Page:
Red Carpet Treatment - Recap
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Agent Jane had been up all night working on the recent Red John case in which Kristina Frye had been kidnapped and had gone upstairs to sleep for a bit when Agent Lisbon found him, woke him and as he groggily struggled to wake, she informed him about a shooting the night before in a motel: a recently released prisoner, Henry Dahl, in for murder had been found shot in the face eight to ten times, but with a large piece of the back of his skull missing also. Had he died of the blow to the back of his head or the gun shots? It wasn't known yet. Would Jane take the case? He thought a moment, then said he would decline, just wait this one out. At the scene, Jane perused the situation and said he didn't want to get involved, that this was just a scum bag drug dealer someone had killed, that he did not feel sorry for him. Lisbon said that he should take the case because Director Gail Bertram was there giving an interview to several tv stations there at the scene. Soon, Bertram strode over to the agents, exclaiming that he was glad Jane was on the case, that he hoped Jane would soon solve it. Jane took an instant dislike to the man, sarcastically speaking to him and then turned on his heel, Bertram staring after him.
Across the street, a young blond woman named Karen Cross, who had her own crime talk show, tried to interview a very tired Jane who refused her and climbed into a nearby SUV and promptly fell asleep on the back seat. Miffed, Cross had her camera man film a sleeping Jane, later showing the footage on her show, dubbing it a CBI officer sleeping on the job. Cross had a security guard give Jane a "summons" to be tried before a jury of his peers on her talk show. Two years before, Henry Dahl had been crucified by her on her show because she felt he was guilty of the stabbing murder of a young woman. Ironically, just recently, DNA had been found that exonerated Dahl and he was released. Cross wanted Jane to give his version of the case.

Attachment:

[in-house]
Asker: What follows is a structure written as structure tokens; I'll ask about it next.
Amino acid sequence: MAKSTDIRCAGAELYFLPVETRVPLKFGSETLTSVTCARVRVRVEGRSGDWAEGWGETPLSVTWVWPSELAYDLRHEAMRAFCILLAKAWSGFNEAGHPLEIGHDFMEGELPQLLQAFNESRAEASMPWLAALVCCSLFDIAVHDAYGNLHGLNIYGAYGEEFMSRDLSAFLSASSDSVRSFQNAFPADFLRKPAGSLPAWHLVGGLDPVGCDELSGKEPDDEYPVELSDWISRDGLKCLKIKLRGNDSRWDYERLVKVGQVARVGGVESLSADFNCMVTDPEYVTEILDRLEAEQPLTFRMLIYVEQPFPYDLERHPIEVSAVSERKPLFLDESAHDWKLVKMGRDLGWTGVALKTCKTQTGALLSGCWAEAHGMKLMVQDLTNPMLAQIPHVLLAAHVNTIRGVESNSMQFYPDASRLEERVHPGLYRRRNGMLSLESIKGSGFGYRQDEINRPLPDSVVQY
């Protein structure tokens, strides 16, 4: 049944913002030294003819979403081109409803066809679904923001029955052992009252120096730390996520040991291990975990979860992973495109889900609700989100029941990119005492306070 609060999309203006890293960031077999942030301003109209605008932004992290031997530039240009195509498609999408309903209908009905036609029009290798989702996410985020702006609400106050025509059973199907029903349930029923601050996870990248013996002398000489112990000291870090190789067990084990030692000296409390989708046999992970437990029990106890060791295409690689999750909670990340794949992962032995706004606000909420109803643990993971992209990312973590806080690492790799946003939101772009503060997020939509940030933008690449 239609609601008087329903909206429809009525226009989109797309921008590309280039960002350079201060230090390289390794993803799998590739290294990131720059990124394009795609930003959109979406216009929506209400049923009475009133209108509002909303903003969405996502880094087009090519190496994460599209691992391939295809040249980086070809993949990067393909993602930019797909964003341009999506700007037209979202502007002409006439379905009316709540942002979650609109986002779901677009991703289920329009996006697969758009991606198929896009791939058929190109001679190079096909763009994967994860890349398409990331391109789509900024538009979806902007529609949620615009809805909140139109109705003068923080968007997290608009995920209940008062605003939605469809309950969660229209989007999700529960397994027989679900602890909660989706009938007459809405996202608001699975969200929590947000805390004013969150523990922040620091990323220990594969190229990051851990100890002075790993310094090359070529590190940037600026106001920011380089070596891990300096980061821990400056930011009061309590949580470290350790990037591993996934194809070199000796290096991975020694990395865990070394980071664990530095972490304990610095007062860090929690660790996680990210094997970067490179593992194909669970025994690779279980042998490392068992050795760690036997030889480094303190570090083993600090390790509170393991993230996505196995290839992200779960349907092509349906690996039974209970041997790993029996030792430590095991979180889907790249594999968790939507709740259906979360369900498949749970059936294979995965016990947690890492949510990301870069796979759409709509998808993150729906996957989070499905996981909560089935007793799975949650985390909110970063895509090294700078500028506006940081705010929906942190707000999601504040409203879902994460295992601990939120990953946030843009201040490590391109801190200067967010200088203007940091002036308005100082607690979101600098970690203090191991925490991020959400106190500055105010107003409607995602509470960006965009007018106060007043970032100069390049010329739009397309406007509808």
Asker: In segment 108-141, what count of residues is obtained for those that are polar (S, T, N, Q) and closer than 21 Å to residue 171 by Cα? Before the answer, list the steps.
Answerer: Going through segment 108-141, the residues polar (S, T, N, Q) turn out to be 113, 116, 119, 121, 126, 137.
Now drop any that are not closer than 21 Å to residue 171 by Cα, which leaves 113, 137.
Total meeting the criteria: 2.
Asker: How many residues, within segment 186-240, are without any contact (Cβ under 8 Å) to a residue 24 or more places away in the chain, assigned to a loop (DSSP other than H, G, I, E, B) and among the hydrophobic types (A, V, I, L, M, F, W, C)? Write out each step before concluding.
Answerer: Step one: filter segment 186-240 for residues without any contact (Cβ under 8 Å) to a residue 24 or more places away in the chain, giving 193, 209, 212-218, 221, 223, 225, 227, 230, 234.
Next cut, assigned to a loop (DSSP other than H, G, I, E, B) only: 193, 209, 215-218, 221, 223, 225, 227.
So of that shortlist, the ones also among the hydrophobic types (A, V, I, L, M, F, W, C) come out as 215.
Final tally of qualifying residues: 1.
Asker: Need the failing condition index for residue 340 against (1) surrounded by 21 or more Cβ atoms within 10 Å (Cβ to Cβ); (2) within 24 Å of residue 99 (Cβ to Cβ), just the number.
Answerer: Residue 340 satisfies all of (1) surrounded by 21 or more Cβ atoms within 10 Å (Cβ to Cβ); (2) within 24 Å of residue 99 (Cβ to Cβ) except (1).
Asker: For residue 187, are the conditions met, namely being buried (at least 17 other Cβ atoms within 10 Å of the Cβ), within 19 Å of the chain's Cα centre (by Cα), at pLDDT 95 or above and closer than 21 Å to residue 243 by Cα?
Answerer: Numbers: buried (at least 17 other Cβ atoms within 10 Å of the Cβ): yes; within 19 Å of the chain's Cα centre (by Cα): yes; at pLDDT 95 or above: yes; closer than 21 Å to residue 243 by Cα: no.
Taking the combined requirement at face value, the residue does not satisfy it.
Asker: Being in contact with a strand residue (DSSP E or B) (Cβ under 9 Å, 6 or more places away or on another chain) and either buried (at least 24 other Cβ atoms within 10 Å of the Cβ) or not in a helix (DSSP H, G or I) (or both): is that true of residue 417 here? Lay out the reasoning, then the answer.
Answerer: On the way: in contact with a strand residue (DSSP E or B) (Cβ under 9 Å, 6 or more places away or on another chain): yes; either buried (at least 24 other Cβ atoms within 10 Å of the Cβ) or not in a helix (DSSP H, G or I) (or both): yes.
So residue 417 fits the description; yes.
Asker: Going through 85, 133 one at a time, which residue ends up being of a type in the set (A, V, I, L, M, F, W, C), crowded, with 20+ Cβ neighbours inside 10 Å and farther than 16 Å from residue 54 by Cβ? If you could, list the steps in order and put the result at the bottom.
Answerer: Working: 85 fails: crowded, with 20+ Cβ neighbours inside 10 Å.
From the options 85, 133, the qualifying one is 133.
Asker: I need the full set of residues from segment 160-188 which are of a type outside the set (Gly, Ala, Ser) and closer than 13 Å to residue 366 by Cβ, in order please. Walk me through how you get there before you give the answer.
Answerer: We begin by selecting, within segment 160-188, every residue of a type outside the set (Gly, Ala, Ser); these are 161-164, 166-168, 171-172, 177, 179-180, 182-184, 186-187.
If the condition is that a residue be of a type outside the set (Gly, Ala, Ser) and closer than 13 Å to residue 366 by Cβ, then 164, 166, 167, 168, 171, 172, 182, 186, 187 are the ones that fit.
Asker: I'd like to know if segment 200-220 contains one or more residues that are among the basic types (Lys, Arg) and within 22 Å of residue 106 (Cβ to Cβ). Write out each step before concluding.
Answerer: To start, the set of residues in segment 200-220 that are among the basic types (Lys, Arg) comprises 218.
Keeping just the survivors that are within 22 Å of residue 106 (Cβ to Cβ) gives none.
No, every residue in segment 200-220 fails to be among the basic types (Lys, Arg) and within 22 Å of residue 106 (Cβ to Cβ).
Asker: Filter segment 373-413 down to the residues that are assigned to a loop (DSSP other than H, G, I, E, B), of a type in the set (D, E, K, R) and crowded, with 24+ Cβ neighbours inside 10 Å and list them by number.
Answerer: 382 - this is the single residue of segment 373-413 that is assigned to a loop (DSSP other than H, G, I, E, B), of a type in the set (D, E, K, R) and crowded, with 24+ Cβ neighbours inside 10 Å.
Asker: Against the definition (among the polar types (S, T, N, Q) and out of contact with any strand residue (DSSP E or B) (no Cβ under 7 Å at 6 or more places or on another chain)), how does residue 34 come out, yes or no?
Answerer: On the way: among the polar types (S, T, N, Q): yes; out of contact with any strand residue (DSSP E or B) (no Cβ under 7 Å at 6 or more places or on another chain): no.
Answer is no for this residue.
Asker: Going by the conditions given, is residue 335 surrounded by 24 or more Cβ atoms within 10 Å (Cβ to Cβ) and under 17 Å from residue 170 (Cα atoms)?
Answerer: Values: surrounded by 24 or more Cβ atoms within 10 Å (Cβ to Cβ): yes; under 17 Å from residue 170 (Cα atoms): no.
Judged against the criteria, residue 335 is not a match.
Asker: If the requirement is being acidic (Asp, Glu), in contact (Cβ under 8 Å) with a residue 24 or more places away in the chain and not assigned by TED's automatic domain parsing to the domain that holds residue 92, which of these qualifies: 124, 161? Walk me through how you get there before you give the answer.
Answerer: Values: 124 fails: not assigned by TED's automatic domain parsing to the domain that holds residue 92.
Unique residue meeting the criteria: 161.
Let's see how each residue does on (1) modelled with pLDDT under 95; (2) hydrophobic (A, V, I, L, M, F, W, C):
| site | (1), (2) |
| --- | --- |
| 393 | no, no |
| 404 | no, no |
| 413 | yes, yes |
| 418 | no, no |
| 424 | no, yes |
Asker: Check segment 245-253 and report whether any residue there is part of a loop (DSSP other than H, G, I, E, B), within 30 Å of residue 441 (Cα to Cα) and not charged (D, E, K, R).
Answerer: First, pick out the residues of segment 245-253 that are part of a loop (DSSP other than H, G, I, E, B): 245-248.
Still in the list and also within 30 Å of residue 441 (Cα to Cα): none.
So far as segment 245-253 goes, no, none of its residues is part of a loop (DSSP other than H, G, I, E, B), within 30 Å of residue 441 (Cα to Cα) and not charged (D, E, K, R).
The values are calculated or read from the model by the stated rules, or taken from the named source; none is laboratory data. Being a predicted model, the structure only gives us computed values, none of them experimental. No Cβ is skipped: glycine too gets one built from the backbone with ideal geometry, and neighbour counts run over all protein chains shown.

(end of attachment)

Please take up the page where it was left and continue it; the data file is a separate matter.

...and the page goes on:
When Jane and Lisbon saw the footage of him sleeping in the SUV, Jane called on Cross at her tv studio, talking about the footage. While there, Dahl's mother showed up and Jane talked to her, not picking up anything new. Max Winter, widower of Dahl's alleged murder victim, Jenny Winter, sat calmly as Jane interviewed him, displaying a very calm demeanor, which Jane remarked upon. Winter said it was reconciliation that helped him to forgive Dahl, that nine years had passed and he invited Jane to accompany him sometime to a local firing range, which Jane did. While there, Jane remarked that he was impressed in the change in Winter and on his shooting prowess. Winter said that he didn't own a gun, but rented some, displaying the several rented guns and asking if Jane liked to shoot guns. Jane did not and didn't like guns, refusing to shoot one when Winter offered. At headquarters, Jane and Lisbon watched nine year old footage of Winter attacking Dahl in a prison hallway: it had taken three deputies to drag Winter off Dahl. Had Winter indeed changed all that much now? Jane doubted it, would watch for signs of change in the man closely.